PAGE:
We Have No King But Jesus

John 18.33-38

Then Pilate entered the headquarters again, summoned Jesus, and asked him, “Are you the King of the Jews?” Jesus answered, “Do you ask this on your own, or did others tell you about me?” Pilate replied, “I am not a Jew, am I? Your own nation and the chief priests have handed you over to me. What have you done?” Jesus answered, “My kingdom is not from this world. If my kingdom were from this world, my followers would be fighting to keep me from being handed over to the Jews. But as it is, my kingdom is not from here.” Pilate asked him, “So you are a king?” Jesus answered, “You say that I am a king. For this I was born, and for this I came into the world, to testify to the truth. Everyone who belongs to the truth listens to my voice.” Pilate asked him, “What is truth?”

Political signs and bumper stickers are a strange practice. I understand the fervor that’s behind people wanting to display their political hopes and affiliations, I can even appreciate the very rare but very good pun made on such signs, and in a time such as ours I get the desire to draw clear lines in the sand.

But, what are we really trying to communicate when we display those particular names, or those particular political mascots?

I mean, how many people have been persuaded to vote for someone else because of a bumper stickers or a lawn sign? Is that why we do it?

Or are we purposely trying to anger the people stuck behind us in traffic or that wayward neighbor from the other side of the aisle?

It boggles the mind that for being one of our so-called private subjects, we certainly love to air out all of our political laundry.

And what’s funnier is how long we keep those signs/stickers long after the race is over.

Just drive anywhere around the church and you’ll likely see a Make America Great Again sticker, or a wind battered “I’m With Her” sign. And if you’re looking for it, you can find some other great reminders down memory lane.

In the last week I saw three W stickers, two for Clinton/Gore, and believe it or not, I saw a Nixon/Agnew sticker on the back of a pickup truck that no longer had any business being on the road.

It’s one thing to proudly display whether we lean red or blue today, but what does it say if we are living in the far political past? I can’t tell you the number of times I’ve had conversations when someone said something like, “I wish ______ was still president.” And then he or she will lay out all of the reasons it would be better for us as a country, never mind the fact that Ford, Nixon, Regan, and JFK are all dead.

But the funniest and strangest political sticker of them all is one that I see far too often these days: Jesus for President.

Have you seen one? It has all the trappings of a normal political announcement: it is usually filled with the patriotic red, white, or blue, and with a slightly skewed angle you’ll see the words “Jesus for President” or “Jesus Christ 2020.”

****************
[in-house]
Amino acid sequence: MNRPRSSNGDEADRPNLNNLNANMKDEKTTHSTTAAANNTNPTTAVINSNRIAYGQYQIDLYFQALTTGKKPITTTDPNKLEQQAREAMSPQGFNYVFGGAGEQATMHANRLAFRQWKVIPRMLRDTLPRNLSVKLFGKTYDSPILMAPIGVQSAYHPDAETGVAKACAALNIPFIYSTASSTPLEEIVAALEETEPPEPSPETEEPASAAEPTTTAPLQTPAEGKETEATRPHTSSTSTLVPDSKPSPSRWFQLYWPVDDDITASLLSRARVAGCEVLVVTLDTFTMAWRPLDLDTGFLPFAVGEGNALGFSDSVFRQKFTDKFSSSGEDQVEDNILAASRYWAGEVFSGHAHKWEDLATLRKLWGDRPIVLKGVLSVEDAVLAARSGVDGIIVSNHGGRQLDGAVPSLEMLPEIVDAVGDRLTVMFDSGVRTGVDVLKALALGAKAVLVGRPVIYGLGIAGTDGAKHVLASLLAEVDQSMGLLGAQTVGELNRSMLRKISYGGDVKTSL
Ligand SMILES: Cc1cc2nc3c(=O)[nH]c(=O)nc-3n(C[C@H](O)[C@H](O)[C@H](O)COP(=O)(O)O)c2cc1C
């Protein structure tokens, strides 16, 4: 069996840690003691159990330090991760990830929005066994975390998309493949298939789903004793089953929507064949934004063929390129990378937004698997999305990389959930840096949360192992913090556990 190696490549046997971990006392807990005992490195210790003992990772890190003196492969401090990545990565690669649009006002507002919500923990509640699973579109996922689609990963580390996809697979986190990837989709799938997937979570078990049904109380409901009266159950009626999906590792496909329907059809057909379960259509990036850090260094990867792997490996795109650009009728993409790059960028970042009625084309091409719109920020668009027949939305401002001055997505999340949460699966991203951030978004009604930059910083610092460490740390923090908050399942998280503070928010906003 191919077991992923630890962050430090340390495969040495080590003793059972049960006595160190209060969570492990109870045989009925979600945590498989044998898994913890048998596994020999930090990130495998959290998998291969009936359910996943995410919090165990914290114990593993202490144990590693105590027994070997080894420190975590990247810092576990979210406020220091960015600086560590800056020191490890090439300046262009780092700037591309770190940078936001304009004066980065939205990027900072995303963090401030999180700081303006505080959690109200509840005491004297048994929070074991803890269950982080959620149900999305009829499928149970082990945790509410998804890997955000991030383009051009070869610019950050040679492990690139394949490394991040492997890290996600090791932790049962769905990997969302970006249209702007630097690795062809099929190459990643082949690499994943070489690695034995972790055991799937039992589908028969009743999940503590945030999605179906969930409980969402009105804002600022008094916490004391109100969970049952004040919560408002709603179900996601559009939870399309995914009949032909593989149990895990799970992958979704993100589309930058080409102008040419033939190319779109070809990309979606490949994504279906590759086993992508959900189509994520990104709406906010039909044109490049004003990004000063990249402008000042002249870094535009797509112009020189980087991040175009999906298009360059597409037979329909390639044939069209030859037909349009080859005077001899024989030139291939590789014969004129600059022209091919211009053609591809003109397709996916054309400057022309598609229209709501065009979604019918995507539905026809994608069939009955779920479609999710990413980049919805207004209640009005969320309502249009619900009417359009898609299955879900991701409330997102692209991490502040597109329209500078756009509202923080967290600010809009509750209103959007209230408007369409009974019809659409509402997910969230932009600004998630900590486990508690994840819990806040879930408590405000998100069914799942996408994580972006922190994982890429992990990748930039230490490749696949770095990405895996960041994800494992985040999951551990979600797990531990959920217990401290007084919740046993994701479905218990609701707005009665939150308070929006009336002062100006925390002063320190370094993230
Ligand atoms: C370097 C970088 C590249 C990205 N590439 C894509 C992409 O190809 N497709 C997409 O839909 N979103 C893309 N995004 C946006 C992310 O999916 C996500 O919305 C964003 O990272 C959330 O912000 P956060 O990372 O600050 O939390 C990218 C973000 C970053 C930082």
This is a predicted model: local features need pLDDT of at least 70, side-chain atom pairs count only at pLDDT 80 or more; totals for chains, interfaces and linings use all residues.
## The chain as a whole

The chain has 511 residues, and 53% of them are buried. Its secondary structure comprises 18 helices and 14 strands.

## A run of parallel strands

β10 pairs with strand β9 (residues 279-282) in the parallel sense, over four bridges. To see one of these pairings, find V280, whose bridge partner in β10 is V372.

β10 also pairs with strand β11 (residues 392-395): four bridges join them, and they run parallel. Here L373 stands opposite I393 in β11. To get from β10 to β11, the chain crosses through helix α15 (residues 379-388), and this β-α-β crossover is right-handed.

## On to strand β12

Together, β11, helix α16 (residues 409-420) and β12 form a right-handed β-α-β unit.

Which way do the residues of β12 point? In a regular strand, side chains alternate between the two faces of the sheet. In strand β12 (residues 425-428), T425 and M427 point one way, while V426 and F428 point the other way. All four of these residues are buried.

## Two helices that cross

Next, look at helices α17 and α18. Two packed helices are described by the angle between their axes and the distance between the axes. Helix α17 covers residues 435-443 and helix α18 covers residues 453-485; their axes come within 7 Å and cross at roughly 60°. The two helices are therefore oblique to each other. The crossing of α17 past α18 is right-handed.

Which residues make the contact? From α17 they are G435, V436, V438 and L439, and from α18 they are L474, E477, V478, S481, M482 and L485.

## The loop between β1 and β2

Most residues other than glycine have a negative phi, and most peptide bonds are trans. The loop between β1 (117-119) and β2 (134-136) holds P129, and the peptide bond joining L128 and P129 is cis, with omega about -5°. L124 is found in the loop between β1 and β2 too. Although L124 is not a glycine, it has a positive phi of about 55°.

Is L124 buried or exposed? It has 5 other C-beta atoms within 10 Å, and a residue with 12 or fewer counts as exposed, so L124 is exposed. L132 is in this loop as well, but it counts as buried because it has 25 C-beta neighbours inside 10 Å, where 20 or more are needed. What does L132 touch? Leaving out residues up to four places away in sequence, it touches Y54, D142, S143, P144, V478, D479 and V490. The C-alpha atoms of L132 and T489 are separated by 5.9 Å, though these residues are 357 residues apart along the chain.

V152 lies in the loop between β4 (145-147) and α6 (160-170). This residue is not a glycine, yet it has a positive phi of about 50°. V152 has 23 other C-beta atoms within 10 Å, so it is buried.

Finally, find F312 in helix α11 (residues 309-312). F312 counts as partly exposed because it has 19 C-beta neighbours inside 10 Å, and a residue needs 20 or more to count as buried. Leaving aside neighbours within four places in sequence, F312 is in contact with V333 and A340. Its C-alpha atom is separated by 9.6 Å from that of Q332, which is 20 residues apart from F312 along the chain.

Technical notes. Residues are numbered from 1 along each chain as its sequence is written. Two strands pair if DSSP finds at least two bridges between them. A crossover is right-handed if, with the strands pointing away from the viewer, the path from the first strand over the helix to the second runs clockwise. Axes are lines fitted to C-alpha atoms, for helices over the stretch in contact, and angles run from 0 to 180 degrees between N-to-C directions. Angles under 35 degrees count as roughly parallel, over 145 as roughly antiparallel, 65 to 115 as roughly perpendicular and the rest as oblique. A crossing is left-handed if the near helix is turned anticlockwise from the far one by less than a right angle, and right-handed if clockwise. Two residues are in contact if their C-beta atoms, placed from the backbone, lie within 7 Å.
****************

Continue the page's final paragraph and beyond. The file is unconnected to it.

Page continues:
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Most of them are so well done that you have to look twice before you realize they’re talking about the baby who arrives in the manger and not some political hopeful who believes he can fix everything with our country.

Friends, let me tell you something, we don’t want Jesus to be our president. 

No. No. No.

That would be a terrible idea.

Hey everyone, we’ve got to raise everyones taxes, and by everyone I mean EVERYONE, because we’ve got too many people who are hungry, cold, and suffering in the hospital.

My fellow Americans, I am proud to announce our new national initiative: “Turning Cheeks.” Yep, that’s right, from now on if someone hits you, it’s illegal to do anything in retribution except for offering the other cheek as well.

Tonight, I speak to you from the oval office with great news, every weapon in the country has been smelted or melted into plowshares so that we can all work toward a more agrarian economy. I once said that those who live by the sword will die by the sword and I meant it. But today, those who live by the plow will thrive by the plow!

Jesus would be a terrible president.

Can you imagine? He’d always disappear in the middle of something important just so that he could pray with his heavenly father in private. He’d ditch the secret service to go hang out with the homeless around the Whitehouse. And he’d probably wear a dirty robe when he gave speeches from the Rose Garden.

Jesus would be a terrible president.

But he makes a pretty good King…

Today, in churches all across the globe, we triumphantly announce that Jesus Christ is King. We boldly proclaim that our allegiance it to Christ and to Christ alone. And we remember that we, as Christians, humbly bow to no one but Jesus Christ our Lord.

This is the last Sunday in the liturgical year and we dedicate it to reminding ourselves about the lordship of Jesus. It’s not the time for a quaint little parable, or an Old Testament narrative. No, today we put it all on the line: We are either for Jesus, or we’re not. 

And its kind of funny, when you think about it… Taking one day out of the year to talk about Jesus as the King. We usually talk about Jesus in a great number of other ways. We think about Jesus as a teacher, or a healer, or a sage, or a spiritual leader. 

But a king? 

And, seeing as it’s the last day of the year for us, we do well to take stock over where we’ve been, and the one whom we have gathered to worship over the last 12 months.